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Cartesian philosophy

Cartesian’s Jeremy Hall claims a major advantage over many long-short peers, with years of experience in this space rather than just bolting shorts onto a long-only process.

His Cartesian enhanced alpha fund just passed its three-year anniversary with top-decile numbers and the team has consistently proved able to generate returns from long and short books.

Enhanced alpha is a 130/30 product – which means it can gear on the long side and take up to 30 per cent short positions – and was originally called UK equity 130/30.

It rebranded late last year after poor-quality products launched in this area and threw doubt over the concept.

Hall says: “130/30 flexibility is powerful in the right hands but ended up in the wrong ones too often, with managers running funds without any real shorting experience.”

Since launch in 2007, his portfolio has generated a 13 per cent return against 2 per cent from the FTSE All Share but with much less volatility than most long-only competitors.

Hall says Cartesian’s process is grounded in fundamental stockpicking, which the team honed at SVM before setting up its boutique in partnership with Ignis in 2005. He sees this detailed company analysis as particularly important right now, with correlations between companies and assets running so high.

“It has been a difficult year in terms of calling the market and that has led many so-called active managers into benchmarking,” he says.

“In contrast, our process is about genuine stockpicking, focusing on fundamental analysis of accounts – how they have made money and how they report it – and we are simply looking to find good and bad companies.”

Hall highlights SuperGroup in the former category, floating earlier this year at £5 and already past £14 as the market has rewarded its strong growth and lack of debt.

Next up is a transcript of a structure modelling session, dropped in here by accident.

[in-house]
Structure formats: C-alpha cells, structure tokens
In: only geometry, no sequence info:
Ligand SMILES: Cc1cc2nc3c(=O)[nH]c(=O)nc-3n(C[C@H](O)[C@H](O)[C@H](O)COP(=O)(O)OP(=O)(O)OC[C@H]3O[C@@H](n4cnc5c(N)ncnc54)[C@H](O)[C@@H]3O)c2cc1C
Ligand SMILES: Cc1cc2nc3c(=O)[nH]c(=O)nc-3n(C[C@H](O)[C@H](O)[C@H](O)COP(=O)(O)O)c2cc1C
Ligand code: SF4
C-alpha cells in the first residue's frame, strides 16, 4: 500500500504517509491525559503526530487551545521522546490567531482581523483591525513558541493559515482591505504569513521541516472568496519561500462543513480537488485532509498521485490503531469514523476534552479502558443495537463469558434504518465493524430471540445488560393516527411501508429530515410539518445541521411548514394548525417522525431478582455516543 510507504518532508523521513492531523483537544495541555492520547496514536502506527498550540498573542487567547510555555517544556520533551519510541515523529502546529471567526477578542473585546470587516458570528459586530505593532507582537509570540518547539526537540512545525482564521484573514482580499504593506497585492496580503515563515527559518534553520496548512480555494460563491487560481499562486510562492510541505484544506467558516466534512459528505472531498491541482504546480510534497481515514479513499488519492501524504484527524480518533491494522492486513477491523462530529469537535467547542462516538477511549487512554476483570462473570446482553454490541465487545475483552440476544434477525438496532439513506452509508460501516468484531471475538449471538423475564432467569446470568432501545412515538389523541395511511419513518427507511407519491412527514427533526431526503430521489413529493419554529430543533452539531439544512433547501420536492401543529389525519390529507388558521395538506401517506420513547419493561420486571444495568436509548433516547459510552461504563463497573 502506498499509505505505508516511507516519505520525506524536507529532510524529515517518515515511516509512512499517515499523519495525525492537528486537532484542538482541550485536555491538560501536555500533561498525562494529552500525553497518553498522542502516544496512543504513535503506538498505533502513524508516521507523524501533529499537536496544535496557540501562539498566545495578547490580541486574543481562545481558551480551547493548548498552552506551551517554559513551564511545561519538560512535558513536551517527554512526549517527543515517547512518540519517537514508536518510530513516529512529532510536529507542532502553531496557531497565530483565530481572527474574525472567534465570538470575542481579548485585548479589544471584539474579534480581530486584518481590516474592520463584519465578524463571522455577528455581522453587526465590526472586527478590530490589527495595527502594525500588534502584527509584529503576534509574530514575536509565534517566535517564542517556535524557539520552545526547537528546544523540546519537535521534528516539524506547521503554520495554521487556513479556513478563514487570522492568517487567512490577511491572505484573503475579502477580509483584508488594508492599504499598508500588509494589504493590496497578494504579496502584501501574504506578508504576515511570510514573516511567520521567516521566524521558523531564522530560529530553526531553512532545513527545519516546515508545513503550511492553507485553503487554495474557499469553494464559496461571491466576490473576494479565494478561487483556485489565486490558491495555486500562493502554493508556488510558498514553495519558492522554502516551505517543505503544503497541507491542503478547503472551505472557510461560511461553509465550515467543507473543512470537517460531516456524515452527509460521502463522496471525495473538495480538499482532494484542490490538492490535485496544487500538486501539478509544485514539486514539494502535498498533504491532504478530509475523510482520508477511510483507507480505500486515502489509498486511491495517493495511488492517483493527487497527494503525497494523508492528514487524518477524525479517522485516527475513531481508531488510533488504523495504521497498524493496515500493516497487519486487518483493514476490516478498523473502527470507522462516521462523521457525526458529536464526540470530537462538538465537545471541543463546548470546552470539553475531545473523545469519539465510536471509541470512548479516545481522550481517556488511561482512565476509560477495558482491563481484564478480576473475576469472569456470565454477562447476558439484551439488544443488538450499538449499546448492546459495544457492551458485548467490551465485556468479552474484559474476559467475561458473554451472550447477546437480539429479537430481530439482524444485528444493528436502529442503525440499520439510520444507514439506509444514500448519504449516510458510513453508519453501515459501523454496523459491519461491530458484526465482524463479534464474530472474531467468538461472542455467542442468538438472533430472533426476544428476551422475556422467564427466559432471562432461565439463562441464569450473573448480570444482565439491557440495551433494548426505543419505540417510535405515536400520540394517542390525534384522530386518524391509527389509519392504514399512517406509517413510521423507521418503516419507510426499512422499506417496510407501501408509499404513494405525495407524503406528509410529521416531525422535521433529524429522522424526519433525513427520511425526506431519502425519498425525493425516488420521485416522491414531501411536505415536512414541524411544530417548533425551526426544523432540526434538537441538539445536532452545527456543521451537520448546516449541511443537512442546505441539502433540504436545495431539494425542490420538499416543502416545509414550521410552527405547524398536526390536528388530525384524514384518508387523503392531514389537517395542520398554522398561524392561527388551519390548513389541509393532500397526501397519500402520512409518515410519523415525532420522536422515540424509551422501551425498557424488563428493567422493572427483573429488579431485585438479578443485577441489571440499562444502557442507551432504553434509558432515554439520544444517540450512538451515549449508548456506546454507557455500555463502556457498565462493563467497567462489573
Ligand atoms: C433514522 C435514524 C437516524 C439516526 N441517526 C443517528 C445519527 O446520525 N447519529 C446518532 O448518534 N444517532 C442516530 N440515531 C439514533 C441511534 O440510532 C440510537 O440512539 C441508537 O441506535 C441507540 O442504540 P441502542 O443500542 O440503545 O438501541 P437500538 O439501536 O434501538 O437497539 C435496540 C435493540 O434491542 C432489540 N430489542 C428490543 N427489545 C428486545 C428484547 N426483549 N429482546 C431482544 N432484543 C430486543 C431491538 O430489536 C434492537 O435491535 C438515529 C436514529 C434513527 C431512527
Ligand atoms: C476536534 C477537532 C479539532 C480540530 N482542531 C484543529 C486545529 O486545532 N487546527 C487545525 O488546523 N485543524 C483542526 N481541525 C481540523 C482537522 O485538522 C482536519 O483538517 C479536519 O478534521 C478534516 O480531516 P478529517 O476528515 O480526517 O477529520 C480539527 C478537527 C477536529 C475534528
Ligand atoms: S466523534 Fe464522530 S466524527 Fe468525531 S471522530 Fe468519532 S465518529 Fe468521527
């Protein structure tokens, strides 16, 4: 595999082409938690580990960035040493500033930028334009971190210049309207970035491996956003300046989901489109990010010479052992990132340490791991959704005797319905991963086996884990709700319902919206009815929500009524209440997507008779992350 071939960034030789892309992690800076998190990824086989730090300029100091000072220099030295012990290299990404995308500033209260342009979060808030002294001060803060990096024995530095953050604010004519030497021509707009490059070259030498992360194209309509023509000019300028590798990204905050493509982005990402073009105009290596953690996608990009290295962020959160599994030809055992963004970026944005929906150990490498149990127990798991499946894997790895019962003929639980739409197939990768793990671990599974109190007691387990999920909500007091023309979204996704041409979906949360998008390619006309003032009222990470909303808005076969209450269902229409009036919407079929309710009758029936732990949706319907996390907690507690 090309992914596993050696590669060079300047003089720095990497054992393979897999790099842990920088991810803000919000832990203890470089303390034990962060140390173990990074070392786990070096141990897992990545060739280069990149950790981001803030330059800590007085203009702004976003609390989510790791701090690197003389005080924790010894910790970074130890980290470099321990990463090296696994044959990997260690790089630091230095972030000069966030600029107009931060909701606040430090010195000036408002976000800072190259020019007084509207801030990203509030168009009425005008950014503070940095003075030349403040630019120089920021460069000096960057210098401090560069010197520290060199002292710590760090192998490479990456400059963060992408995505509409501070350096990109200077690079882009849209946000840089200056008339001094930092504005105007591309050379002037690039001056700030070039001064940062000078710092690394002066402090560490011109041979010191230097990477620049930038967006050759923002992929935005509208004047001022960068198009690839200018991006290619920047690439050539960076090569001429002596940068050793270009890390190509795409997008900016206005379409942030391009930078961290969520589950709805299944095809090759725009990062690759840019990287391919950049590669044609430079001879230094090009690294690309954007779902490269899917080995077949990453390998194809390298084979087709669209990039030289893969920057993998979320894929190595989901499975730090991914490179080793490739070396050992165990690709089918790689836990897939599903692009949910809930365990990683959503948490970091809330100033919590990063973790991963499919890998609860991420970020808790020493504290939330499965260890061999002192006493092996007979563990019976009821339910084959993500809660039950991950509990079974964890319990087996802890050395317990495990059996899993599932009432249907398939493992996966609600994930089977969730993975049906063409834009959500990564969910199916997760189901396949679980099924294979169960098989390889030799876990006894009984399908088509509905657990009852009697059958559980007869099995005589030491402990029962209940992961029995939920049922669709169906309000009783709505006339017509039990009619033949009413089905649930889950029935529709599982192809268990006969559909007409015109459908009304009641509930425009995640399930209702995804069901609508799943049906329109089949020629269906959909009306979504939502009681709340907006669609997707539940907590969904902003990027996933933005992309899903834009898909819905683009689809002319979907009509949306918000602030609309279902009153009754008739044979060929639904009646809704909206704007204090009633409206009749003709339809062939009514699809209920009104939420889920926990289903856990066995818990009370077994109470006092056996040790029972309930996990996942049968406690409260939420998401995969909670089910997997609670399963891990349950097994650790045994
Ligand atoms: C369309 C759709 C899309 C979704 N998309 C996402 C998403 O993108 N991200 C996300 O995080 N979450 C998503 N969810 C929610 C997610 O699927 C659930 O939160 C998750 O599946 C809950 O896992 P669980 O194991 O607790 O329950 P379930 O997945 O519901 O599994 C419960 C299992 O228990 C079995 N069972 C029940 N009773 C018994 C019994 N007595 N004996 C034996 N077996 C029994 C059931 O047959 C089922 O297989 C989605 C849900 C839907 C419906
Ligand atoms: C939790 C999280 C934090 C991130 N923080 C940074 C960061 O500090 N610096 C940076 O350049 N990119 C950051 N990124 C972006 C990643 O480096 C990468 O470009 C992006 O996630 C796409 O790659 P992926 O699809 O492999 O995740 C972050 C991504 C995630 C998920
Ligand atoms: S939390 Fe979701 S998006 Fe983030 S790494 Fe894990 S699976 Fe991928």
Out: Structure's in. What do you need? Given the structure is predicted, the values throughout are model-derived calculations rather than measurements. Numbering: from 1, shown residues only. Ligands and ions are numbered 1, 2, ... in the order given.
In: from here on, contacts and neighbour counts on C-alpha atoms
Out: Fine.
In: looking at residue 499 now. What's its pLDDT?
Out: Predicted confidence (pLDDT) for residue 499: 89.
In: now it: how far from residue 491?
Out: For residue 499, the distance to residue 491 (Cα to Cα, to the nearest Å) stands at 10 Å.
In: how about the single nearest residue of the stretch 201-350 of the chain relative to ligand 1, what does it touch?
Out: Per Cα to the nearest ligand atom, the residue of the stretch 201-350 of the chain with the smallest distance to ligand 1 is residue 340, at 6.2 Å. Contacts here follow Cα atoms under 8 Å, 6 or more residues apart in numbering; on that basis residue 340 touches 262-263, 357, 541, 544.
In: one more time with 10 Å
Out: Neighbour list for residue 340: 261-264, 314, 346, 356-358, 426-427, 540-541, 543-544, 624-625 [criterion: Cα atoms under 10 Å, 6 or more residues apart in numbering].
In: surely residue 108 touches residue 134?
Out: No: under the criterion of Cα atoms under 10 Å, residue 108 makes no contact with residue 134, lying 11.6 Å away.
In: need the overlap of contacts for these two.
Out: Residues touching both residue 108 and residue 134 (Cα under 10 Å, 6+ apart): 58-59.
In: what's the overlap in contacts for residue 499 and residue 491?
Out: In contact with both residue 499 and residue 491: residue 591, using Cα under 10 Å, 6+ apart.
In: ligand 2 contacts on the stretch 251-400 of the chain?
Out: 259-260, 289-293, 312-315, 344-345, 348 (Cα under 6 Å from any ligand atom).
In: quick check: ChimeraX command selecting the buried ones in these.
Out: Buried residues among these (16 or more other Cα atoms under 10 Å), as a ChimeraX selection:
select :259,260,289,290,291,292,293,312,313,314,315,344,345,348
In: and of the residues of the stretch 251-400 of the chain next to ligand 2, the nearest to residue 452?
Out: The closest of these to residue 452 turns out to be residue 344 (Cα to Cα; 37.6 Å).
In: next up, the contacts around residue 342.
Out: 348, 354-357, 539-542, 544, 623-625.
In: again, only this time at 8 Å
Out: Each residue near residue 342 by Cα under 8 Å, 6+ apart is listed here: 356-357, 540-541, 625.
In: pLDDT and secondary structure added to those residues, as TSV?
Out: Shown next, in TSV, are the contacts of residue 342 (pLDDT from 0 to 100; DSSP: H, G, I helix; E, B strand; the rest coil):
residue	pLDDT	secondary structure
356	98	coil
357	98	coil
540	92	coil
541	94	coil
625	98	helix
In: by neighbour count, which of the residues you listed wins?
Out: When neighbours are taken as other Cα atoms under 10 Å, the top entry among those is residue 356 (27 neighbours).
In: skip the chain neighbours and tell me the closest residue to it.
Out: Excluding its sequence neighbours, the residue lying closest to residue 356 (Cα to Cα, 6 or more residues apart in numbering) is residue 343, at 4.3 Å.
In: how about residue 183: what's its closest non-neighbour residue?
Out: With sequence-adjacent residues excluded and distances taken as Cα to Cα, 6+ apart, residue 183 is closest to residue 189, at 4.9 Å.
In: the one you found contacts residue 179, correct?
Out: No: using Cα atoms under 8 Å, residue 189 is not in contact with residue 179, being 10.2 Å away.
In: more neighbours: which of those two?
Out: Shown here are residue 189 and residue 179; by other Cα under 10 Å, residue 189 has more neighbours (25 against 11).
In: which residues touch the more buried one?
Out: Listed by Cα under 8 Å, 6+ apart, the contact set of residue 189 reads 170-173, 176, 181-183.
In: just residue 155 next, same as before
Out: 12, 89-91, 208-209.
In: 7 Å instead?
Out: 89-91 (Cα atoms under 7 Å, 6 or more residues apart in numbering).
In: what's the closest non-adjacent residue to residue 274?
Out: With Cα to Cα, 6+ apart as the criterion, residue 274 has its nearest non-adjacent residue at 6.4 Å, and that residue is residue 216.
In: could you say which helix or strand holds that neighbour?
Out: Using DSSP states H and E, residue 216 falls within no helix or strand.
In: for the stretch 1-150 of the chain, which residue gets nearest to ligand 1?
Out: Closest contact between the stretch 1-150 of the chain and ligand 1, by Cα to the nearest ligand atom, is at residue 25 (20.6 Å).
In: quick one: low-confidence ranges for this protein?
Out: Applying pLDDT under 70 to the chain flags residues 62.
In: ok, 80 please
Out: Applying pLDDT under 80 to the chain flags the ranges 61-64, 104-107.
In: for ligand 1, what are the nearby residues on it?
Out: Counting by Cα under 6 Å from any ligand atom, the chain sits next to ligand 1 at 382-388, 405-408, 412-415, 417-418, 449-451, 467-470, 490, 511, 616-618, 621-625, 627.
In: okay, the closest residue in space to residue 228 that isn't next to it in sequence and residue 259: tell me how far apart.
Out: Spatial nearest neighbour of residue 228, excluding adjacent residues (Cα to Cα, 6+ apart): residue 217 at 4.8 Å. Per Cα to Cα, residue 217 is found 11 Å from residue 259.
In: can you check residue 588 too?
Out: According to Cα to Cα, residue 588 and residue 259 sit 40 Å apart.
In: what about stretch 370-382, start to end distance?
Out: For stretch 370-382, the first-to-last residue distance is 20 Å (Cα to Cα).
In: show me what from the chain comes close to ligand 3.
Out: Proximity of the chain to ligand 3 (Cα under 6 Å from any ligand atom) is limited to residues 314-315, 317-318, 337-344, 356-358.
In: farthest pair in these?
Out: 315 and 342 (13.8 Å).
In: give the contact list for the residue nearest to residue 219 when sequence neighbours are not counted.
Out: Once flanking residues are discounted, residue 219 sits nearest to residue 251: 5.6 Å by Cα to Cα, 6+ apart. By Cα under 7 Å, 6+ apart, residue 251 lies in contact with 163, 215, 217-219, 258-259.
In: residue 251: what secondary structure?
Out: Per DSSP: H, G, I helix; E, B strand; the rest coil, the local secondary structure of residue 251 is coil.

“The company is looking for working capital and has clear areas of future growth, including online and into womenswear,” he adds.

“This is an example of why stockpicking is key as the outlook for consumer stocks in general remains poor but this company is driving its own growth and increasing revenues by 60 per cent quarter on quarter.”

Hall feels there are plenty of good and bad companies out there, with lack of correlation via some sort of idiosyncratic aspects key on the long side.

As for the short book, there are certain signals the team seeks out, where they are uncomfortable with how the business is being run or the model is flawed in some way.

These fall into the categories of aggressive accounting – for example, where firms are recognising revenues too early – low earnings quality, financial weakness and opaque accounts.

Hall says: “Shorting adds what we call asymmetric risk, which is why experience is so important. If a company is performing as expected, its shares tend to rise gently but if something goes wrong, the price can fall very quickly.”

Key short positions this year have included Connaught, which Hall says has a history of poor cash conversion and high debt, so it took very little to push the company over the edge.

Other shorts have focused on areas such as falling government spending.

“One shorted stock is a staffing company in the healthcare industry, which is already subject to pressure from cuts but also has several obvious accounting irregularities,” he says.

“Last year, there was a sense of the rising tide lifting everyone up but we now see significant shorting opportunities as companies report and people realise they are less robust than was first thought. The market has gone from 4,800 to 5,800 quickly this year and we see several companies susceptible to corrections.”
In terms of major long positions, Hall says 2010 has been a good year for genuine stockpickers, highlighting oil exploration stocks such as Rockhopper and Nautical Petroleum.

On the macro front, he feels the second round of quantitative easing has already been largely priced in by markets and expects a low-growth environment to prevail.

“We are slightly cautious in the short term with the market at 5,800 but believe equities can make progress next year,” says Hall.

“We are focusing on companies not reliant on GDP growth and capable of delivering in a slow environment. Against such a background, managers will have to focus on company fundamentals, which, after all, is what stockpickers are paid to do.”


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